LOS ANGELES – A previously unknown language has been uncovered in the far reaches of northeastern India, researchers reported Tuesday.
Koro, a tongue brand new to the scientific world that is spoken by just 800 to 1,200 people, could soon face extinction as younger speakers abandon it for more widely used languages such as Hindi or English.
Koro is unlike any language in the various branches of the Tibeto-Burman family, a collection of 400 related languages used by peoples across Asia, according to the two National Geographic fellows who announced the discovery. The findings will be published in an upcoming issue of the journal Indian Linguistics.
The researchers, linguists K. David Harrison of Swarthmore College in Pennsylvania and Gregory D.S. Anderson, director of the Living Tongues Institute for Endangered Languages in Salem, said they are not sure yet how old Koro is or how it developed. But they believe it could yield a wealth of knowledge about the way humans develop and use language.
Until now, the speakers of Koro had remained invisible to outside observers because their bright red garments, the rice beer they made and other details of their lives seemed no different from the speakers of Aka, the socially dominant language in the region, Harrison said.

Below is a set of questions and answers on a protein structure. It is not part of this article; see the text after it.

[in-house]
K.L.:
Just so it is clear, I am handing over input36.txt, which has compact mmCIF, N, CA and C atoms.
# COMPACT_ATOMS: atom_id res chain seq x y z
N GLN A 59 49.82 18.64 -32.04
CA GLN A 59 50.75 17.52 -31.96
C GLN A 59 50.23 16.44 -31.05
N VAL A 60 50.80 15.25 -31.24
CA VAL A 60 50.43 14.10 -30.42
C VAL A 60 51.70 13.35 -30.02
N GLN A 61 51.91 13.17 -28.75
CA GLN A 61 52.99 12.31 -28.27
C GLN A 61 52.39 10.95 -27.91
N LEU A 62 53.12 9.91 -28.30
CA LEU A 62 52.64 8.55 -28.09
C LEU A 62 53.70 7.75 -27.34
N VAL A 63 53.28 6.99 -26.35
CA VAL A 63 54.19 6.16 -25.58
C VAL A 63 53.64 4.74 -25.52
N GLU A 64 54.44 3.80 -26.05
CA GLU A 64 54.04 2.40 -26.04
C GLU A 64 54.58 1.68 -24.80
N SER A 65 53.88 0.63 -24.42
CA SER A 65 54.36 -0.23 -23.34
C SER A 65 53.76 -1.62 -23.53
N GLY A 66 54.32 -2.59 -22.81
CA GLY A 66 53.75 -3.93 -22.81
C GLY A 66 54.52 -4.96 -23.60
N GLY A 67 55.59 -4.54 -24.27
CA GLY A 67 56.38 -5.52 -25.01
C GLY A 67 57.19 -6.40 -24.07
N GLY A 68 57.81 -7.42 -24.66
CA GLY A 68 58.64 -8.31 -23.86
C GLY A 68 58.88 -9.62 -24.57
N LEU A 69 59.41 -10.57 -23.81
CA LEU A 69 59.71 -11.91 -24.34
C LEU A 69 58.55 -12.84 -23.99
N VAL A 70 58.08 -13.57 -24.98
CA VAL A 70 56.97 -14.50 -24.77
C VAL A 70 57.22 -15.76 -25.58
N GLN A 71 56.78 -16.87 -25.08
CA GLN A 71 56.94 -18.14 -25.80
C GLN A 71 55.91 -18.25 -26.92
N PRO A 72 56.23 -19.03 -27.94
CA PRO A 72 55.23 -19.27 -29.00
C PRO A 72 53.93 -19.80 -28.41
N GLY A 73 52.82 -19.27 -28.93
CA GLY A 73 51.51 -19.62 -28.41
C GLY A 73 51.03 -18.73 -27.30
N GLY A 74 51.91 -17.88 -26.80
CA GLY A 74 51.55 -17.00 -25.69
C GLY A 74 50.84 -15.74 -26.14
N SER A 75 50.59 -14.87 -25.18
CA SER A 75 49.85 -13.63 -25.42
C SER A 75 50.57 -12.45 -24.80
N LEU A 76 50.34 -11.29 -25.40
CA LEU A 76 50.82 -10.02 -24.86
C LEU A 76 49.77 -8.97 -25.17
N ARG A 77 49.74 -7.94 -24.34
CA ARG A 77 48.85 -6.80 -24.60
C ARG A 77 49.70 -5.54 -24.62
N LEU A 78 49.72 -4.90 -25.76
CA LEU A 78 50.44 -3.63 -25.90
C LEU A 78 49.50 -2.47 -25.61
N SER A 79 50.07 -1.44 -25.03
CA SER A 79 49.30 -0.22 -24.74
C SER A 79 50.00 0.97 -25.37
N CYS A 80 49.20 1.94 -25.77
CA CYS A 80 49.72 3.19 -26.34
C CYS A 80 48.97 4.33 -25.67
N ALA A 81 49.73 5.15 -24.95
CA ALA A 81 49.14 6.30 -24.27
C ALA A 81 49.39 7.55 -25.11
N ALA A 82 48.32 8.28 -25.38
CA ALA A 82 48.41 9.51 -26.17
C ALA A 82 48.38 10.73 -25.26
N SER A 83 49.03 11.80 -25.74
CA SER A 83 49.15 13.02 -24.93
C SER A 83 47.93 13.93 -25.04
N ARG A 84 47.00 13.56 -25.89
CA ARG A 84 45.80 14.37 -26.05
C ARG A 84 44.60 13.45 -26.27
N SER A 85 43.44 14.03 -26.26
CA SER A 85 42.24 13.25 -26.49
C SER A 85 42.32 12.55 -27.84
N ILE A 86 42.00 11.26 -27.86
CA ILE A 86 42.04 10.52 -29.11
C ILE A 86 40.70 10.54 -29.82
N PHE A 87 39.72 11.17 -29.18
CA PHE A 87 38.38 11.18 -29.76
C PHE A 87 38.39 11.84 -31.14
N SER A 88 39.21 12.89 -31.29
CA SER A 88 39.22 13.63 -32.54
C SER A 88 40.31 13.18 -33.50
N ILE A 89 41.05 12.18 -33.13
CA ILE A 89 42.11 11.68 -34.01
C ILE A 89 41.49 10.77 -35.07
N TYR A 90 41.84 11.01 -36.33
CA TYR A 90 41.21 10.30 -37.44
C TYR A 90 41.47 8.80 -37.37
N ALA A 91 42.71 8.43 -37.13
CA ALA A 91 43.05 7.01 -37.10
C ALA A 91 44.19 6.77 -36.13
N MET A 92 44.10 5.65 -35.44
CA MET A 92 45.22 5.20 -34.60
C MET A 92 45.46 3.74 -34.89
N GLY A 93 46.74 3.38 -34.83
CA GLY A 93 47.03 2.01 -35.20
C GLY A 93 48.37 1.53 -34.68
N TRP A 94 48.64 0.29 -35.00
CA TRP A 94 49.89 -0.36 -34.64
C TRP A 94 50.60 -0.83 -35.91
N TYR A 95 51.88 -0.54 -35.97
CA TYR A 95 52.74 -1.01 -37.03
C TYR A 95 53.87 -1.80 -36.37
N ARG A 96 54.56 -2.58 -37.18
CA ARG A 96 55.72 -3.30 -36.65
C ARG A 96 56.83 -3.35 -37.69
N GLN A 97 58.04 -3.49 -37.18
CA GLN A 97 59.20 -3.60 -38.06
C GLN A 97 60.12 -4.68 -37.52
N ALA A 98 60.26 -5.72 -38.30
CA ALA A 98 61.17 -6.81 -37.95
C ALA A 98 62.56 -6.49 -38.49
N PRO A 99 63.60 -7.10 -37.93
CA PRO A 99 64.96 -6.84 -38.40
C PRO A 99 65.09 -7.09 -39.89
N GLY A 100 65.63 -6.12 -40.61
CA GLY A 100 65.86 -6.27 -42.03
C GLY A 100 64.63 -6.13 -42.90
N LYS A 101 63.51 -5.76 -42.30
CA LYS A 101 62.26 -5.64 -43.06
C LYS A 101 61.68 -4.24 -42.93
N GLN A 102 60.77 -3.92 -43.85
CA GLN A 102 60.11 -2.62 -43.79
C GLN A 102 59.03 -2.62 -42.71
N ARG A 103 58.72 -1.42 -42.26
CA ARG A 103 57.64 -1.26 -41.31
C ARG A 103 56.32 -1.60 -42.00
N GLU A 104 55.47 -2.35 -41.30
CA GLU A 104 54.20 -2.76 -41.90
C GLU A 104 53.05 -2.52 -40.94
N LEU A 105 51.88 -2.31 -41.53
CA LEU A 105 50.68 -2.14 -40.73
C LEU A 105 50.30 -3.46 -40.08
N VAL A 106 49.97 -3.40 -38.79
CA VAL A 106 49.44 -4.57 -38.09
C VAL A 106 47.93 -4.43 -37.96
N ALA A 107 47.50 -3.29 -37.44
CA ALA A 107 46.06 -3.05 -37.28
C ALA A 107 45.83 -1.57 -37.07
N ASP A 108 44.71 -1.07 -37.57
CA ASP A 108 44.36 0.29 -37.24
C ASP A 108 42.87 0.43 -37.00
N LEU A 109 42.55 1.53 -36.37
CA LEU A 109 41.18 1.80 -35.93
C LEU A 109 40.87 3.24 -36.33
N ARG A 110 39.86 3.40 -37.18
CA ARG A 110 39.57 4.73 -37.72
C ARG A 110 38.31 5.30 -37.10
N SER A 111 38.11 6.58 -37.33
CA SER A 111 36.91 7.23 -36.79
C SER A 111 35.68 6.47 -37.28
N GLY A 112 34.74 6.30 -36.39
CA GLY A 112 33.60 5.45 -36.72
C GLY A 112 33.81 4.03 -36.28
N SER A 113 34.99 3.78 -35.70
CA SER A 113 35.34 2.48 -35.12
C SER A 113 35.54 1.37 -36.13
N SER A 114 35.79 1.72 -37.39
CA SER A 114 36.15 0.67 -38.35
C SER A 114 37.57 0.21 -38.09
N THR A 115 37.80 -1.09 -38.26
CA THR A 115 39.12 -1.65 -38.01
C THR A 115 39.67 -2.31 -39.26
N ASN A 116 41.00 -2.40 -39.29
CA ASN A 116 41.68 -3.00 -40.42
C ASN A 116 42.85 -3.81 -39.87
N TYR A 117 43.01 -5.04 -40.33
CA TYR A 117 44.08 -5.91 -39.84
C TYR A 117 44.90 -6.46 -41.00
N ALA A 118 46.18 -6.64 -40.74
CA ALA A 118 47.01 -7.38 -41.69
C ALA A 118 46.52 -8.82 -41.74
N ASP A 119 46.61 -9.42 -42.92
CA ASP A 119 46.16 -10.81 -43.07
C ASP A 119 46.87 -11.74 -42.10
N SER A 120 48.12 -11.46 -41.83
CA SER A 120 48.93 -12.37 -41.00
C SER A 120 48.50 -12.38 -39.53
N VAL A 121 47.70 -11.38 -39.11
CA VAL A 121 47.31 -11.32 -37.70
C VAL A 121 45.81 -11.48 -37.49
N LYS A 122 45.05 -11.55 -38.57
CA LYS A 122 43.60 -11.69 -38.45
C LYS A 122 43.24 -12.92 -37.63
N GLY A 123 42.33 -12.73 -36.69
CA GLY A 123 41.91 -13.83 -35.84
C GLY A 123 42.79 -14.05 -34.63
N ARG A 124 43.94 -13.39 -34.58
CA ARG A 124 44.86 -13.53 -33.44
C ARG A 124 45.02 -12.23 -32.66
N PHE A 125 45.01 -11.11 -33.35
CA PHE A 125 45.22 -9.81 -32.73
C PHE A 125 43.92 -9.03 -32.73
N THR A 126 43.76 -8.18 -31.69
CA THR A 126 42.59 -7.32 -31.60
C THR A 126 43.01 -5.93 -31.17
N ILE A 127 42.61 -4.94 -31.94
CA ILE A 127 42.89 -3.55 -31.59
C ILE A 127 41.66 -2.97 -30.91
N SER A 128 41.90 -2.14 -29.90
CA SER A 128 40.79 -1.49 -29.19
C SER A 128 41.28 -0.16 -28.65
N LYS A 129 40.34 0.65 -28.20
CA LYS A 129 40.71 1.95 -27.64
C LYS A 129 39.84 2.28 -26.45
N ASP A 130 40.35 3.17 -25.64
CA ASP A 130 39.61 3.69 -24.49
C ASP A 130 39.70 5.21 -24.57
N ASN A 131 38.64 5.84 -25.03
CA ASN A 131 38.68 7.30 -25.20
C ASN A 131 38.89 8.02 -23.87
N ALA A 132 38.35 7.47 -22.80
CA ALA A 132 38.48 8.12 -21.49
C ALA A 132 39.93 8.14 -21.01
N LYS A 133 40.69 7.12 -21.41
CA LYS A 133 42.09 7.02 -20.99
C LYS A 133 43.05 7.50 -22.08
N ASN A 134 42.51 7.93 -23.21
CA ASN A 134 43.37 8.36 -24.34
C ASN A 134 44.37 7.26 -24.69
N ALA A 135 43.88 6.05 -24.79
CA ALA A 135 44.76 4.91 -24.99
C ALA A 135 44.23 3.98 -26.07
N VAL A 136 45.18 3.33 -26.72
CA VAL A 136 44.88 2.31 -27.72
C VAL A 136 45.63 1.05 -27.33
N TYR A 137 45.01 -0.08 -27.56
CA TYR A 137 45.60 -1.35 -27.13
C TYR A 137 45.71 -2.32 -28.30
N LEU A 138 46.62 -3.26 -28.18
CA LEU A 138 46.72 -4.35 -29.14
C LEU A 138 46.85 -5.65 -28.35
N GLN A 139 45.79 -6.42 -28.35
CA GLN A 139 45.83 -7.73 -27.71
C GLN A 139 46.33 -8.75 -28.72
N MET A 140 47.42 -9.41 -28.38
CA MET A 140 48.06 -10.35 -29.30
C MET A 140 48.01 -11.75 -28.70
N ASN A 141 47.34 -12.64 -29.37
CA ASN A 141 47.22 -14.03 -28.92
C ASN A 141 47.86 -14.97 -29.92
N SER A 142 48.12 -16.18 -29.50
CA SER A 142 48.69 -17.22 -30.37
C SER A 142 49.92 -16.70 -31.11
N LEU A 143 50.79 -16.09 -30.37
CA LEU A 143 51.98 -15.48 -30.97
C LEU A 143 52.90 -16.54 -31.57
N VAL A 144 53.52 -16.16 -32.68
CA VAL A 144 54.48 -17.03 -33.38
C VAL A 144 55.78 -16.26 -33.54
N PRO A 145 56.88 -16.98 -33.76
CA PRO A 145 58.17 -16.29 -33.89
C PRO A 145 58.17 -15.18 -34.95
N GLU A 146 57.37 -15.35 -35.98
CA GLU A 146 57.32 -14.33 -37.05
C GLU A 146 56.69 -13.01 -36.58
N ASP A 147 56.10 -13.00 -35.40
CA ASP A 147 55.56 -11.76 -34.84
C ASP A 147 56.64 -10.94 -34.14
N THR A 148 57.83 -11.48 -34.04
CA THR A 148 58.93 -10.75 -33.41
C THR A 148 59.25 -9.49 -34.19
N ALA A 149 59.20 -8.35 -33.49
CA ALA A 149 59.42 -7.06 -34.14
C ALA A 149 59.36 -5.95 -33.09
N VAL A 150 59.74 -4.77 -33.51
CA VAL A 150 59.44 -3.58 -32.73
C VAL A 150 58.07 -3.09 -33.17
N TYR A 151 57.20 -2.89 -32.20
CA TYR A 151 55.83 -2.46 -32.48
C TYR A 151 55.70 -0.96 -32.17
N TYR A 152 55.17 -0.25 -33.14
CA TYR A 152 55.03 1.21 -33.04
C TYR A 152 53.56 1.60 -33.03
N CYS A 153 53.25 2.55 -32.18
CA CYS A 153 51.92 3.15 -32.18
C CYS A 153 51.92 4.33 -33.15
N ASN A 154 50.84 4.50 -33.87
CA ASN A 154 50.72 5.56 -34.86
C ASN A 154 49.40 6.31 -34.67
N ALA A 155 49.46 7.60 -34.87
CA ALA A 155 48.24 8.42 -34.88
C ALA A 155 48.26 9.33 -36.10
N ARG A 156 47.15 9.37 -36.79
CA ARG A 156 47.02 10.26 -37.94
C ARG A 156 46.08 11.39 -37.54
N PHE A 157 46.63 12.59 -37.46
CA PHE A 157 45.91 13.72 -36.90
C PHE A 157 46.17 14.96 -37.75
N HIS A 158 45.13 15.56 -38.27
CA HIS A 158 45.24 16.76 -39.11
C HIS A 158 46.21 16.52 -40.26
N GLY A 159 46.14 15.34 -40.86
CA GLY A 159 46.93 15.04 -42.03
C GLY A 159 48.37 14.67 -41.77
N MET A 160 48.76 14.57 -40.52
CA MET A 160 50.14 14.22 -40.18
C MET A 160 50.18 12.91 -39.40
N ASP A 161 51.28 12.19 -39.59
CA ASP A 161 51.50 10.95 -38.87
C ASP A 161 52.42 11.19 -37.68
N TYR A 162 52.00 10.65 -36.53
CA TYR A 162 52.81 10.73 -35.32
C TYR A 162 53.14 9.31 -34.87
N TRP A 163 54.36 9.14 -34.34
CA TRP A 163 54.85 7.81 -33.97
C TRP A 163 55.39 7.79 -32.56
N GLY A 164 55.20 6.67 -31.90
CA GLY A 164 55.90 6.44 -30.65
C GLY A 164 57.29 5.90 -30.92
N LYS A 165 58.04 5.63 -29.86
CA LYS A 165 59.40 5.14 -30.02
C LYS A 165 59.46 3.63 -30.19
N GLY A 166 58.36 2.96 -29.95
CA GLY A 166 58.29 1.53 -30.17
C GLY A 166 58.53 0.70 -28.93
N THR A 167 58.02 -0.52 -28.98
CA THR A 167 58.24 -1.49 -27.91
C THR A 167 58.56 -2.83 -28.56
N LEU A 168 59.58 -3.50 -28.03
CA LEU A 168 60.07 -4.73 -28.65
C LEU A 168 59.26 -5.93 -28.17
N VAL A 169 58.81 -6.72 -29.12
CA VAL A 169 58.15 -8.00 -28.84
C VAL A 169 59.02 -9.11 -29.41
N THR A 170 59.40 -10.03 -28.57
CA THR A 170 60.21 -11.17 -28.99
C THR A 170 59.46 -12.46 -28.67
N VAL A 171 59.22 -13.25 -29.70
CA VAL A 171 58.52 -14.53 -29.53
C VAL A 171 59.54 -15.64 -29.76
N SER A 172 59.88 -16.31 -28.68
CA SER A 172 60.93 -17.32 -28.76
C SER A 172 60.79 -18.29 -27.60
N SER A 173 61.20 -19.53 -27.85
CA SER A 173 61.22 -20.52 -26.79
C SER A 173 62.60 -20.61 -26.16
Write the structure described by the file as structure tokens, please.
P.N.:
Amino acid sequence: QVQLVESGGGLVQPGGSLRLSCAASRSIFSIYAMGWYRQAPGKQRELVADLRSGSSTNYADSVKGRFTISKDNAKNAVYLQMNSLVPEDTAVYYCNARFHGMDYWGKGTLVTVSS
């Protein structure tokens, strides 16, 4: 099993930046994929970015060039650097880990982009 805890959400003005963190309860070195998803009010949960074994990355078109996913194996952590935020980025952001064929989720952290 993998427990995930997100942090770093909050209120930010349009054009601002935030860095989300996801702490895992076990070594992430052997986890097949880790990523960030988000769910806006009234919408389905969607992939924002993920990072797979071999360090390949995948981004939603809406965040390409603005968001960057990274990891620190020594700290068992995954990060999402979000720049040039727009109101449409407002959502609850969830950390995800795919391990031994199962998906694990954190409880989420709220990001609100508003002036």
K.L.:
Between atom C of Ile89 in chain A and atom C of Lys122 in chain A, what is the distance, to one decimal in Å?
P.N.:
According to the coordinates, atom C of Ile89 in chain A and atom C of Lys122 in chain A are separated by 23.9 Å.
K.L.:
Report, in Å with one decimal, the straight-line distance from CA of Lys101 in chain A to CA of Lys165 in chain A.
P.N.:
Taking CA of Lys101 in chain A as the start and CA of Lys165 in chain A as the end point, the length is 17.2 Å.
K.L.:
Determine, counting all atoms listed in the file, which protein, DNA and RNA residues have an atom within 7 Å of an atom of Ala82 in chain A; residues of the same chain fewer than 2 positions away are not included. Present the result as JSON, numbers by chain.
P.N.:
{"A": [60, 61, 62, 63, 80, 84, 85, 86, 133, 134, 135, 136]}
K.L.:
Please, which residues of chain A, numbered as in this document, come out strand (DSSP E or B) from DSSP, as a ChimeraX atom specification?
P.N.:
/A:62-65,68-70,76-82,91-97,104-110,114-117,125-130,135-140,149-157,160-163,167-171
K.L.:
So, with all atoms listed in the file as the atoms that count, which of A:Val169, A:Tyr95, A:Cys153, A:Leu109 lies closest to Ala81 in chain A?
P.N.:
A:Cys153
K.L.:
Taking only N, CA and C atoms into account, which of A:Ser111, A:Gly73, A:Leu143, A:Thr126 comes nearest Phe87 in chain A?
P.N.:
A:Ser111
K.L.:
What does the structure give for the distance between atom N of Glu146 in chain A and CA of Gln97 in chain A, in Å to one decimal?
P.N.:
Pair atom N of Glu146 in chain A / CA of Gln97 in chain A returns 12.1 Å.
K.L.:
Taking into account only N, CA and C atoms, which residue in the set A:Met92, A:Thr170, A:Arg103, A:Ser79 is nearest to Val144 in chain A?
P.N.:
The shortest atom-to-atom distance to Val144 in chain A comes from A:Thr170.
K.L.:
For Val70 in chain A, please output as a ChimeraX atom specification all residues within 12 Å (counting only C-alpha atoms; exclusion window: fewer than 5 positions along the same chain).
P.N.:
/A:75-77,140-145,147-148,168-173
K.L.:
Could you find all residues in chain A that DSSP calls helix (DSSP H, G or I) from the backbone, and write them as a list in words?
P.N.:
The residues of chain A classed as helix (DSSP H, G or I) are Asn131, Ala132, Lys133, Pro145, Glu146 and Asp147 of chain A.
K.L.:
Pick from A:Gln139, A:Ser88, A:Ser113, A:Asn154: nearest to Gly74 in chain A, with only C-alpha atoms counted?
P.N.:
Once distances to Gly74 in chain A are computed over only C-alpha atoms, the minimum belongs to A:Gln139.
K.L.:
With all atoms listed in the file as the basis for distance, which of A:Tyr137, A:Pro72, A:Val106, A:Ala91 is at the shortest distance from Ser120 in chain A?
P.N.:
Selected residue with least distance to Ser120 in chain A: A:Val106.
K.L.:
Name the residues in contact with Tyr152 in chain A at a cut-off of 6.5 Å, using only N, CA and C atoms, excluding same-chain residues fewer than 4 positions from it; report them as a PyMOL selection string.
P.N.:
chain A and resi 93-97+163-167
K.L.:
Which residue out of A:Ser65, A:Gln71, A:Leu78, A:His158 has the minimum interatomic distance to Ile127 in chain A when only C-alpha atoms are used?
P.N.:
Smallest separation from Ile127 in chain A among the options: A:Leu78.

“There’s a sort of a cultural invisibility – they’re culturally identical in what they wear, what they eat, the houses they live in … they just happen to have a different word for everything,” Harrison said.
Koro also blends in because speakers frequently intermarry with speakers of Aka (who number 4,000-6,000) and another tongue, Miji (6,000-8,000).
And because the villages had been effectively cut off from the outside world for so long, the languages in the region remain poorly studied.
“I expect that there are many such hidden languages around the world,” said Paul Lewis, editor of the 16th edition of “Ethnologue: Languages of the World,” Lewis who was unaffiliated with the work.
“The lesser-known languages quite often are overlooked and understudied.”